AN OFFICIAL report reveals one-third of parents had concerns about the new national school standards system before it was launched – despite the government's claims the system has a "strong mandate" from parents.

These league tables National have been trying to smuggle in under the national standards regime have been sold to NZ as having the support of parents yet an official report released shows that 38% of parents made negative comments about National’s plans and only 14% made positive comments. Yet Education Minister Anne Tolley’s press release on the report read, ‘Parents support National Standards’ – no they didn’t only 14% did, 38% were negative.

National are ramming these changes through, not because they will help NZ children educationally, but because it will enable their mates in the Private Education Industry advancer their competition model.

I support our teachers and educators having the concerns they do with this free market right wing ideology Anne Tolley is masquerading as an education policy.


At 5/7/10 1:46 pm, Blogger big news said...

Most parents will be unaware that national standards only extends to three areas of the school curriculum - and then wonder why their kids' school report says nothing about art and other areas of the curriculum being taught to their kids.

At 5/7/10 2:51 pm, Anonymous Anonymous said...

Living up to Commitments

Download the Report
The burgeoning financial crisis that came to a dramatic head in September 2008 after more than a year of volatile food, energy and commodity prices compounded a series of shocks already being felt around the world. As daily headlines chart the ups and downs of stock prices and chronicle the failures of financial institutions and industrial giants, the international community must take a step back and examine what is at stake for the hundreds of millions in developing countries who had benefited from the strong growth of the past decade, as well as those who continued to struggle even during that period of global economic expansion, mired in abject poverty.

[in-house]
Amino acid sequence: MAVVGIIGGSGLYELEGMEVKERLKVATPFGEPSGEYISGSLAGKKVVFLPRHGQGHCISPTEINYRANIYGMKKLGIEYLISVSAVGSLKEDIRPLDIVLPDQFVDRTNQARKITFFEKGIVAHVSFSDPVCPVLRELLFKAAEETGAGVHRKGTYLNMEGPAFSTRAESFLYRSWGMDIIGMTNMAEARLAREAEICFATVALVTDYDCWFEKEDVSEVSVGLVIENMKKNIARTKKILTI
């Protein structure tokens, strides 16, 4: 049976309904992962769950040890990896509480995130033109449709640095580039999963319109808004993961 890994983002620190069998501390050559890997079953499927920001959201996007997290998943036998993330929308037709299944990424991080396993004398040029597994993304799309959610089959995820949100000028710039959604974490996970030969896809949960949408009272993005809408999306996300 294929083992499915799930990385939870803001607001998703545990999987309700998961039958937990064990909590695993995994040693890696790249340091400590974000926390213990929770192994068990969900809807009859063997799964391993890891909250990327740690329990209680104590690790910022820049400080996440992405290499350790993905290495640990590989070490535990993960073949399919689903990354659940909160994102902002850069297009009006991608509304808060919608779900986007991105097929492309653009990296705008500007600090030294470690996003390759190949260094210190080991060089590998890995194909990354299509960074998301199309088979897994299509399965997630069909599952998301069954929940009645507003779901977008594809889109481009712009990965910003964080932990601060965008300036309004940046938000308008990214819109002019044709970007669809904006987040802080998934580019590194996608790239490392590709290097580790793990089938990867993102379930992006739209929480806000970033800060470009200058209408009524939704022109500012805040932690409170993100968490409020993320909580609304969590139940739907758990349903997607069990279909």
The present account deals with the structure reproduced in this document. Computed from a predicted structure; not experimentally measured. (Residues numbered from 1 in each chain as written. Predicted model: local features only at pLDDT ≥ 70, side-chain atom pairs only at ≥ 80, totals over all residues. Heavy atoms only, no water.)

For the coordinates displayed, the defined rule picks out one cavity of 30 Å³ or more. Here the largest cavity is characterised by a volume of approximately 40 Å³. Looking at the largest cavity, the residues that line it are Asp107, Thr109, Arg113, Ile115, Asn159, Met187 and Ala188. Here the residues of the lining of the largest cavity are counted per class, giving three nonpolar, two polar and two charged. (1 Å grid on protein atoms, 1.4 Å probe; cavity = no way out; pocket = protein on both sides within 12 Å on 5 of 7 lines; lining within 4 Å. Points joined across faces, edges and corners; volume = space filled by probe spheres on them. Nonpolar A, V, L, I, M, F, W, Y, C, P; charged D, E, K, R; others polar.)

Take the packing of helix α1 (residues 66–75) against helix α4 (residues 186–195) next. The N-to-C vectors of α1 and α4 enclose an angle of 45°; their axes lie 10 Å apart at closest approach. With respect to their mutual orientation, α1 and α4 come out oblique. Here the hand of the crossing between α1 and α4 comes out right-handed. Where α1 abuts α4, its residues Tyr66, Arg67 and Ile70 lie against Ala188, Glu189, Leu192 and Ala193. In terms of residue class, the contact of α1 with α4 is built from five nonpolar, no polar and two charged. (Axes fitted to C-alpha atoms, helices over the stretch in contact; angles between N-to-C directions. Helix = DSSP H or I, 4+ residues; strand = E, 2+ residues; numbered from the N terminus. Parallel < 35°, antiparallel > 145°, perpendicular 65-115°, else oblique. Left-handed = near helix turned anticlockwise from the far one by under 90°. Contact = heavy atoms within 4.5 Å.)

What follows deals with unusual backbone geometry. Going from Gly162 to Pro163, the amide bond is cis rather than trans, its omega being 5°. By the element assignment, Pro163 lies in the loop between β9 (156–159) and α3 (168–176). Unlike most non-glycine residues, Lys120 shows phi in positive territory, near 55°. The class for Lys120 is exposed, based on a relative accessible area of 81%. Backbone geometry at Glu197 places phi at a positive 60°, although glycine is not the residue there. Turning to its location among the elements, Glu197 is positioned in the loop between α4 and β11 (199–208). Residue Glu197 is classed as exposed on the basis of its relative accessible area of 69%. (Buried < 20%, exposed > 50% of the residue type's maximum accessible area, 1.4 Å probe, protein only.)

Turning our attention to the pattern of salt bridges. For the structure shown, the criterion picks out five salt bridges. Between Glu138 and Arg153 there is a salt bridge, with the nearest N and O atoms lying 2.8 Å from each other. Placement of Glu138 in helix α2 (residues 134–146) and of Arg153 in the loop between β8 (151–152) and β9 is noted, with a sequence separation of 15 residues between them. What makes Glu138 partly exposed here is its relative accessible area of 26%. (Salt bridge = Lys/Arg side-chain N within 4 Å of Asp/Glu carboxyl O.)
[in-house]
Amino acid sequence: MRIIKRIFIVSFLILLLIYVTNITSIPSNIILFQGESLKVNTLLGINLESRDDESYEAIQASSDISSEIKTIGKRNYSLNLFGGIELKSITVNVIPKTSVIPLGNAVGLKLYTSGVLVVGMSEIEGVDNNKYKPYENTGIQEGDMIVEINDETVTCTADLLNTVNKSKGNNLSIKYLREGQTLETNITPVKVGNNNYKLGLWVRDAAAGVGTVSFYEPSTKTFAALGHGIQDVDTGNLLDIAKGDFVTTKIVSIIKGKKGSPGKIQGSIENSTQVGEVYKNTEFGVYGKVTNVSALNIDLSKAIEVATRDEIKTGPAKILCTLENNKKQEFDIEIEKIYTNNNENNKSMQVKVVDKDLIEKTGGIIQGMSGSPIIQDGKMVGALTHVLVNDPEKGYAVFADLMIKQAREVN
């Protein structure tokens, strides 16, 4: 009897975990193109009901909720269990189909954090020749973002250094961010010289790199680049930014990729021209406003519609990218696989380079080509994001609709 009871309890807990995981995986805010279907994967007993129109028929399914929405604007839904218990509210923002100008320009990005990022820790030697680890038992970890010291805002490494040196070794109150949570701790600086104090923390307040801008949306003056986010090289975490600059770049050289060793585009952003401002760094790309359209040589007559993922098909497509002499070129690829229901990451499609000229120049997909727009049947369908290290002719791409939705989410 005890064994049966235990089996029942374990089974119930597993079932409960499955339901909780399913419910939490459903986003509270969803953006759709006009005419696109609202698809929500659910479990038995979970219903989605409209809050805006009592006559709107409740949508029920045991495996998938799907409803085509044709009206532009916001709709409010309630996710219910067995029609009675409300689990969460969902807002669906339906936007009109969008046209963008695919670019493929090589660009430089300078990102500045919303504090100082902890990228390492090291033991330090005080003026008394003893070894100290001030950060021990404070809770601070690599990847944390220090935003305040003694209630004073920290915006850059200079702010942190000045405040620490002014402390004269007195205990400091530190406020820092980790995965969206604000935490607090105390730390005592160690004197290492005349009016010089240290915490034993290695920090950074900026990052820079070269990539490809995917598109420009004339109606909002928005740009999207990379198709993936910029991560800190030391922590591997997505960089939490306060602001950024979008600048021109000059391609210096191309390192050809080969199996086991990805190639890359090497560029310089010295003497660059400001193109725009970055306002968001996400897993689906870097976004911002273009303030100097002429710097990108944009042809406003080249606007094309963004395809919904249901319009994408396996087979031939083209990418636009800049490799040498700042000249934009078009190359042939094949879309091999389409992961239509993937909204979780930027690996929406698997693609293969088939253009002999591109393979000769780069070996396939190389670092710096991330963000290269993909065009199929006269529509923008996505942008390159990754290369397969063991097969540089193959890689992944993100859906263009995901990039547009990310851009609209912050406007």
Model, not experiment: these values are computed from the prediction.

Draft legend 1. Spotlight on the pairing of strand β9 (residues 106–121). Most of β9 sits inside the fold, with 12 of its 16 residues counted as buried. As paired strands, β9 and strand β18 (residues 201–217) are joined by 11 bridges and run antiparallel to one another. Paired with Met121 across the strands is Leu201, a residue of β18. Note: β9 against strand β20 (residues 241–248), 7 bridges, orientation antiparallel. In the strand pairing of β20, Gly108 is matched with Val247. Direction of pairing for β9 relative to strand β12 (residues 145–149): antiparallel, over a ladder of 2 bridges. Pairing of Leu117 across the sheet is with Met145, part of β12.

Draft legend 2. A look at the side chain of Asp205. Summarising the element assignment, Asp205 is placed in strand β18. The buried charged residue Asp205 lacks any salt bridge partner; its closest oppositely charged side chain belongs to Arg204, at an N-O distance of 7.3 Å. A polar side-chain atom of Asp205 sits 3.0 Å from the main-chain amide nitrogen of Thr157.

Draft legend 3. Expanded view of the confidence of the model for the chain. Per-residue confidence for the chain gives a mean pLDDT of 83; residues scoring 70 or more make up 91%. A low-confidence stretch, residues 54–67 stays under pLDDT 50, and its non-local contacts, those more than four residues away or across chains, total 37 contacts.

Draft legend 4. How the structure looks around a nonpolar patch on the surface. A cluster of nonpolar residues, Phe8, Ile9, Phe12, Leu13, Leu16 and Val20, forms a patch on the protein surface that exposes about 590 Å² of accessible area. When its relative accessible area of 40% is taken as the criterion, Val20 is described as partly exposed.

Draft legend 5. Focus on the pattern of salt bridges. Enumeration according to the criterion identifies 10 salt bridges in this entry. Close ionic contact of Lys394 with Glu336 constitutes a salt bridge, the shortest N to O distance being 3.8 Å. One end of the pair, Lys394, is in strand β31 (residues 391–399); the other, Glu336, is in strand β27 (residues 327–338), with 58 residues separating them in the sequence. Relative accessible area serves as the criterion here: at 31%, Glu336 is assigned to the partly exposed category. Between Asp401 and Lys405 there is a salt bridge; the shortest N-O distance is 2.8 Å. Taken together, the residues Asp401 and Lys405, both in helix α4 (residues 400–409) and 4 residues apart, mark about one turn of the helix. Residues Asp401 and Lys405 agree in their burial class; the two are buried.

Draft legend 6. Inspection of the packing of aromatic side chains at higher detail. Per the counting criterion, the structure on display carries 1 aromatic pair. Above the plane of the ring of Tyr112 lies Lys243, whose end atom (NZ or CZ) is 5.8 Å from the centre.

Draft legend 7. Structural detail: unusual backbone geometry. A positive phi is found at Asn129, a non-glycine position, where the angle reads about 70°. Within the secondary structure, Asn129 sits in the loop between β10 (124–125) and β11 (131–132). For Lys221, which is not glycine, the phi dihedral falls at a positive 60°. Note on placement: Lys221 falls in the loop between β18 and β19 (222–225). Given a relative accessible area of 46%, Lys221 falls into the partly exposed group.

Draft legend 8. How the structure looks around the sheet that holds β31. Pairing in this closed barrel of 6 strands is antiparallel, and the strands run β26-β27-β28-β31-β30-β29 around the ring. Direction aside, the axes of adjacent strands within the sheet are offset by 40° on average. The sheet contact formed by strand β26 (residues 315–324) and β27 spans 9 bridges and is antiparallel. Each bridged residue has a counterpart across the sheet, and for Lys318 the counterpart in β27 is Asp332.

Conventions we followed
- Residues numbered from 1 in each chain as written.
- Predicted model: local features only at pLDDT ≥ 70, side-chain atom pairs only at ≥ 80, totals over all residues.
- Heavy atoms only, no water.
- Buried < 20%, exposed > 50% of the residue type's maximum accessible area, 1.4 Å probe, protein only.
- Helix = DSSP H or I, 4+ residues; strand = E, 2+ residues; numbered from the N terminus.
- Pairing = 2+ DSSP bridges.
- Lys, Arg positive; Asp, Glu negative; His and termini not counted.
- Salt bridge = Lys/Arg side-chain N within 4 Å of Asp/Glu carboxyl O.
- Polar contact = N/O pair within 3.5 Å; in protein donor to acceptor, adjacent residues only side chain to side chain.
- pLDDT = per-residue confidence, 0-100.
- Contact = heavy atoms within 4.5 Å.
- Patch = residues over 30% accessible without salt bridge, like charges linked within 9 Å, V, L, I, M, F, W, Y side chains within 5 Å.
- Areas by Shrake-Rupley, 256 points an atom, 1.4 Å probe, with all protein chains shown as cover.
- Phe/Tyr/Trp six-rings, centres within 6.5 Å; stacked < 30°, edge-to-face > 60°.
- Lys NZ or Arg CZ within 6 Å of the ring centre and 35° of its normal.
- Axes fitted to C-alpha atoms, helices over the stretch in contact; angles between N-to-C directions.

As UNDP continues to support developing countries as they address the current economic and financial crisis, it is staying true to the shared sets of values as set out by the Millennium Declaration. UNDP thus remains committed to ensuring that our policy advice, technical support and advocacy for strengthening coherence is aimed at one end result: real improvements in people’s lives and in the choices and opportunities open to them.

UNDP’s commitment to capacity development – or the “how” of development – is the organization’s overarching service in the 166 countries where it has a presence. Once needs or constraints are identified – always in consultation with national governments and various local and international development partners – UNDP works with its partners in drawing up a plan of action for capacity development: it gives people, governments, institutions and communities the tools and training required to take charge of addressing their own needs in a way that can be sustainable. The demand from developing countries for capacity development support, especially in the area of developing local services increased dramatically in 2008 as countries faced the fallout from the food, fuel and financial crises. As a result, UNDP responded to requests to facilitate capacity assessments and diagnostics in 65 programme countries in 2008.